Women and Migration: Responses in Art and History

Women and Migration: Responses in Art and History Deborah Willis, Ellyn Toscano and Kalia Brooks Nelson (eds.)
Forthcoming

The essays in this book chart how women’s profound and turbulent experiences of migration have been articulated in writing, photography, art and film. As a whole, the volume gives an impression of a wide range of migratory events from women’s perspectives, covering the Caribbean Diaspora, refugees and slavery through the various lenses of politics and war, love and family.
The contributors, which include academics and artists, offer both personal and critical points of view on the artistic and historical repositories of these experiences. Selfies, motherhood, violence and Hollywood all feature in this substantial treasure-trove of women’s joy and suffering, disaster and delight, place, memory and identity.
This collection appeals to artists and scholars of the humanities, particularly within the social sciences; though there is much to recommend it to creatives seeking inspiration or counsel on the issue of migratory experiences.



Women and Migration: Responses in Art and History
Edited by Deborah Willis, Ellyn Toscano and Kalia Brooks Nelson | Forthcoming
ISBN Paperback: 978-1-78374-565-4
ISBN Hardback: 978-1-78374-566-1
ISBN Digital (PDF): 978-1-78374-567-8
ISBN Digital ebook (epub): 978-1-78374-568-5
ISBN Digital ebook (mobi): 978-1-78374-569-2
DOI: 10.11647/OBP.0153
Subject codes: BIC: AG (art treatments and subjects), AJ (Photography and photographs), JFFN (Migration, immigration and emigration), JFS (Social Groups); BISAC: SOC008000 (SOCIAL SCIENCE / Ethnic Studies / General), SOC007000 (SOCIAL SCIENCE / Emigration & Immigration), SOC028000 (SOCIAL SCIENCE / Women's Studies)

Kalia Brooks Nelson, PhD, is a New York based independent curator, educator and writer. Brooks is currently an Adjunct Professor in the Department of Photography and Imaging at New York University’s Tisch School of the Arts. Brooks holds a Ph.D. in Aesthetics and Art Theory from the Institute for Doctoral Studies in the Visual Arts. She received her M.A. in Curatorial Practice from the California College of the Arts in 2006, and was a Helena Rubinstein Fellow in Critical Studies at the Whitney Independent Study Program 2007/2008. She has served as a consulting curator with the City of New York through the Department of Cultural Affairs and Gracie Mansion Conservancy. Brooks is also currently an ex-officio trustee on the Board of the Museum of the City of New York.

Ellyn Toscano is Executive Director of New York University Florence. She directs NYU’s Villa La Pietra, a fifteenth-century villa and collection of six thousand objects dating from the Etruscans to the twentieth century. She founded and directs La Pietra Dialogues, a year-long series of conferences and talks, and founded and produces The Season, a summer cultural festival in the Villa’s expansive gardens. Before arriving at NYU Florence, Ms. Toscano served as Chief of Staff and Counsel to Congressman Jose Serrano of New York, was his chief policy advisor and directed his work on the Appropriations Committee. Ms. Toscano also served as counsel to the New York State Assembly Committee on Education for nine years. She has served on the boards of several prominent arts and cultural institutions including the Bronx Museum of the Arts and the Brooklyn Academy of Music (as the representative of the Brooklyn Borough President). In Italy, she serves on the board of the Museo Marino Marini in Florence, and the Italian Advisory Council of the Civitella Ranieri Foundation. A lawyer by training, Ms. Toscano earned an LLM in International Law from New York University School of Law.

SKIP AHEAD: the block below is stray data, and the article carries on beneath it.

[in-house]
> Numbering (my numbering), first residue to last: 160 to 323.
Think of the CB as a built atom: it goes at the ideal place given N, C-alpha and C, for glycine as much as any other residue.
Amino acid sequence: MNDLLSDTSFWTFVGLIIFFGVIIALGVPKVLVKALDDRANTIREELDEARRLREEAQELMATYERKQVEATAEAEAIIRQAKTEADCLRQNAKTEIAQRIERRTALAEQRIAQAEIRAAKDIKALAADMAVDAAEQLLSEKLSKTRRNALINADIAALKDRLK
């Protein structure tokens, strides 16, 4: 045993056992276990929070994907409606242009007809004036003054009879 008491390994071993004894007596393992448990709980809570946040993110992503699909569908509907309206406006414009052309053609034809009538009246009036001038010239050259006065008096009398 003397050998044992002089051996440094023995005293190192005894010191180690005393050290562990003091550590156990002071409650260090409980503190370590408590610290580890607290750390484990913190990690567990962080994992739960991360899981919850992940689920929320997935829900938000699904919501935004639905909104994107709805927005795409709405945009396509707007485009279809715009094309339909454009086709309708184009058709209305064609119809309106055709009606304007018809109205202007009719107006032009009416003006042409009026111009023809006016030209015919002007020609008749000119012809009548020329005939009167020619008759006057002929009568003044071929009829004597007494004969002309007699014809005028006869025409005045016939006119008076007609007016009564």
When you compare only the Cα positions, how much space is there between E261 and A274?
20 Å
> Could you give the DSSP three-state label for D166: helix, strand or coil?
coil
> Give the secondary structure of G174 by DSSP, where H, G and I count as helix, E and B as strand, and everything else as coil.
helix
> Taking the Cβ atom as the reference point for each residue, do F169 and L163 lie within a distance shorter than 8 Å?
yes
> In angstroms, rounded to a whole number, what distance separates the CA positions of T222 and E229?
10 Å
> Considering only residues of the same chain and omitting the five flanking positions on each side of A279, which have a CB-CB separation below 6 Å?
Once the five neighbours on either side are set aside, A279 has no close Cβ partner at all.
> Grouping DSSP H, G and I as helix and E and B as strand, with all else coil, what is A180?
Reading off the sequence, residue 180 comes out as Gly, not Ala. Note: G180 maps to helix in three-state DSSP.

Deborah Willis, PhD, is University Professor and Chair of the Department of Photography & Imaging at the Tisch School of the Arts at New York University and has an affiliated appointment with the Department of Social & Cultural Analysis, Africana Studies, where she teaches courses on photography and imaging, iconicity, and cultural histories visualizing the black body, women, and gender. Her research examines photography’s multifaceted histories, visual culture, the photographic history of Slavery and Emancipation, contemporary women photographers and beauty. She received the John D. and Catherine T. MacArthur Fellowship and was a Richard D. Cohen Fellow in African and African American Art, Hutchins Center, Harvard University and a John Simon Guggenheim Fellow. Professor Willis received the NAACP Image Award in 2014 for her co-authored book Envisioning Emancipation. Other notable projects include Reflections in Black: A History of Black Photographers – 1840 to the Present, Posing Beauty: African American Images from the 1890s to the Present, Michelle Obama: The First Lady in Photographs, an NAACP Image Award Literature Winner.